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It looks like a creature from hell, where it must be bent on returning

Posted by | March 29, 2017

North Carolina is home to at least 48 species of salamanders, and the mountain counties are the most productive with at least 35 species. And among those 35 species is the hellbender (Cryptobranchus alleganiensis), one of only three giant salamanders found in the world—the other two are the Chinese Giant Salamander and Japanese Giant Salamander. The hellbender’s one of the largest salamanders found in the United States. Only the amphiuma, a salamander shaped like an eel, is longer.

According to a Missouri state herpetologist, Jeff Briggler, early settlers thought the hellbender looked like a creature from hell, where it was “bent” on returning, which is how this salamander got its name. In Western North Carolina hellbenders are also called ‘water dog,’ ‘devildog’ or ‘Alleghany alligator.’

hellbender (Cryptobranchus alleganiensis)During the Middle Ages, people believed salamanders were born from fire, because they observed salamanders scurrying out of damp logs burned for fuel. Consequently, in some languages, the word salamander means “fire lizard.” Leonardo da Vinci wrote that the salamander “has no digestive organs, and gets no food but from the fire, in which it constantly renews its scaly skin.”

Other early myths about salamanders claimed their saliva destroyed human hair. While salamanders probably did scurry out of damp logs back in the day, they no doubt did so to escape the fire, not to be born from it. Further, salamanders do not lack digestive organs, do not have scales, and do not have saliva that ruins human hair.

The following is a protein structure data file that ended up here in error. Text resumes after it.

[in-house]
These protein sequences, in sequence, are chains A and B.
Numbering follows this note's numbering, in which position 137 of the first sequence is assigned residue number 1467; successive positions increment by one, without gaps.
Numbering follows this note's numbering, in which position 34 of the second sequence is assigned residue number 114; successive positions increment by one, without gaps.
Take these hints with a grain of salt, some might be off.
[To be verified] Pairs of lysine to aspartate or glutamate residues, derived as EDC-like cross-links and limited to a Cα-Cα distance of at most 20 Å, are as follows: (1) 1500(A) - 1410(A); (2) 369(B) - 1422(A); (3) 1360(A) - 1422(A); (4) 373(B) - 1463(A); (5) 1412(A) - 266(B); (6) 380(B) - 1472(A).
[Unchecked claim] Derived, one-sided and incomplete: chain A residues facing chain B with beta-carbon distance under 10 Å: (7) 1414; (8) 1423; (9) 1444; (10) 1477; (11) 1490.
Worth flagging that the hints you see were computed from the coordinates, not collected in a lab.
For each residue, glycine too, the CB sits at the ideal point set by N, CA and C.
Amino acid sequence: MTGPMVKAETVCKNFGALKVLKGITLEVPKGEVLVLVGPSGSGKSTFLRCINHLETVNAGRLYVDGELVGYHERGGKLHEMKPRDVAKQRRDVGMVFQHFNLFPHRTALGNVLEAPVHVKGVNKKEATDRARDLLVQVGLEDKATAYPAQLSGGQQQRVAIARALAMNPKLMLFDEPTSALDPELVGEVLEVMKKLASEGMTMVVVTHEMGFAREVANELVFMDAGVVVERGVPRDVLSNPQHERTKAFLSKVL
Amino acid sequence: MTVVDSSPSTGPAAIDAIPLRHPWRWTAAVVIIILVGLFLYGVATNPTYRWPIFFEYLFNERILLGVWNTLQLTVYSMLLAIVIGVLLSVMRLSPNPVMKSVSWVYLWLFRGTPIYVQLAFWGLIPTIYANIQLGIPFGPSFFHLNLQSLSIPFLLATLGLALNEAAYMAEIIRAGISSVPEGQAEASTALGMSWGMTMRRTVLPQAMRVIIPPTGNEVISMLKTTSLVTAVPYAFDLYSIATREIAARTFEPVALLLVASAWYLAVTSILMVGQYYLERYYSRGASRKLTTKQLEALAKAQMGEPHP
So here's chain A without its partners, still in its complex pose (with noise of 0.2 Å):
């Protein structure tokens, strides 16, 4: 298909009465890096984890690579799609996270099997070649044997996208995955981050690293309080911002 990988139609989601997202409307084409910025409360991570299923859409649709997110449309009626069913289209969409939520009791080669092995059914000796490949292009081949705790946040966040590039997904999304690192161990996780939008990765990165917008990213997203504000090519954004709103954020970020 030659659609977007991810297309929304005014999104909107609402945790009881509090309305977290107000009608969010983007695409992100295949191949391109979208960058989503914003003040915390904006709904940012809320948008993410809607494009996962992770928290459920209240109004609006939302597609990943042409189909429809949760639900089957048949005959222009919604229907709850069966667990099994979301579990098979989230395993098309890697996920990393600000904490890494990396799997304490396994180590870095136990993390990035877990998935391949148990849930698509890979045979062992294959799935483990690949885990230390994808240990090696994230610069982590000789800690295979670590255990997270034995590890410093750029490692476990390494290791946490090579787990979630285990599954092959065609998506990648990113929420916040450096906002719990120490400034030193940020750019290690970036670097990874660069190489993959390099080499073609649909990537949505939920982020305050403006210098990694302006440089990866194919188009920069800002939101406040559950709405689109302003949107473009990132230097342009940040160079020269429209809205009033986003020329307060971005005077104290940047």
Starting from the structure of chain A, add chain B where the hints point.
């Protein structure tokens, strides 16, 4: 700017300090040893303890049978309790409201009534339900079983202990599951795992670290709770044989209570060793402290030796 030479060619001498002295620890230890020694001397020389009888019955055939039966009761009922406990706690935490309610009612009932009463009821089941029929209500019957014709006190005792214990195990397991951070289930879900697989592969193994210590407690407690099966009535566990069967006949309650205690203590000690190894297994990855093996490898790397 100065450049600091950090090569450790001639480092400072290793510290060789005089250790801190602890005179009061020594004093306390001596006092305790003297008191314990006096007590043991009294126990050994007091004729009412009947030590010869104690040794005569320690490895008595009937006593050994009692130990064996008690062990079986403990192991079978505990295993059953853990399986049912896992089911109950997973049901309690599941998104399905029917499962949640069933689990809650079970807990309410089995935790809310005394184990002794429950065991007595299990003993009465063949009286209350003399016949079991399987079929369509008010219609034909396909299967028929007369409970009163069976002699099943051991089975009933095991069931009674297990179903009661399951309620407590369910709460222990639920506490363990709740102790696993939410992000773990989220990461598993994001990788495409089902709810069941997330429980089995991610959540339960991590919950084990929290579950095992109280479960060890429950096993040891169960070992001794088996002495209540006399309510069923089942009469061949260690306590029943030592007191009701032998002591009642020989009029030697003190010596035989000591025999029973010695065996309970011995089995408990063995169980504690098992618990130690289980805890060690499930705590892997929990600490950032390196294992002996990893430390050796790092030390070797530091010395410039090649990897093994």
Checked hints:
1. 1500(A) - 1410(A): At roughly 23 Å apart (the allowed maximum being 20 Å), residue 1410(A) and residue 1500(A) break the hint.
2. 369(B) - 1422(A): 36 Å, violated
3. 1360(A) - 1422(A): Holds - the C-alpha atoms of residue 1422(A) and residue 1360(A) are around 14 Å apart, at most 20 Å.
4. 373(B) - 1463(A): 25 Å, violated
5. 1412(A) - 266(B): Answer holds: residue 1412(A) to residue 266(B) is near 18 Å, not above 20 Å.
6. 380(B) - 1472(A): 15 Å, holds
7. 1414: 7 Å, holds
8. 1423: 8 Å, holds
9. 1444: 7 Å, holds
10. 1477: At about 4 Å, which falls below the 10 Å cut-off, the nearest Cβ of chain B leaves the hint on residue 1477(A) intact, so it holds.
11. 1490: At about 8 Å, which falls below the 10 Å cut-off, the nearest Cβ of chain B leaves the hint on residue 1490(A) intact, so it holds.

Hellbenders are not venomous, though their skin secretions are somewhat toxic (don’t touch your eyes after handling one!). They will bite, but only if they are really provoked. A common myth is that hellbenders will ‘ruin’ good fishing streams by eating all the fish. This couldn’t be farther from the truth. In fact, if you see hellbenders in a stream, this is an excellent indication that the water quality is still good.

They feed almost entirely on crayfish, but will also eat small fish, invertebrates, and other hellbenders. The hellbender is a nocturnal animal with poor vision; consequently it relies on touch and smell to catch food. They will scavenge for anything that smells good — this is why they are often caught on fishing lines.

The hellbender’s voracious appetite for crayfish also means that they are very important for keeping a stream’s food chain balanced, and this is good for fish and the entire ecosystem.

Mature hellbenders breathe entirely through their skin. Young hellbenders are born with gills. Gill slits located at the base of the throat replace the gills when the young reach 1 1⁄2 years. The young hellbender is then able to absorb oxygen through its skin.

Because hellbenders rely on the thousands of capillaries found in the fleshy folds of skin along their body and legs to get oxygen from the water, they spend nearly all of their time in fast-moving water where dissolved oxygen is plentiful.

In North Carolina, the hellbender can be found in mountain streams that drain toward the Ohio and Tennessee River systems. Streams noted for their hellbender populations include New River, Watauga River, South Toe River, Mills River and Davidson River.

The oldest known hellbender in captivity was 29 years and individuals in the wild likely live that long or longer. Because they live so long, the removal of adults from the wild can cause populations to dwindle.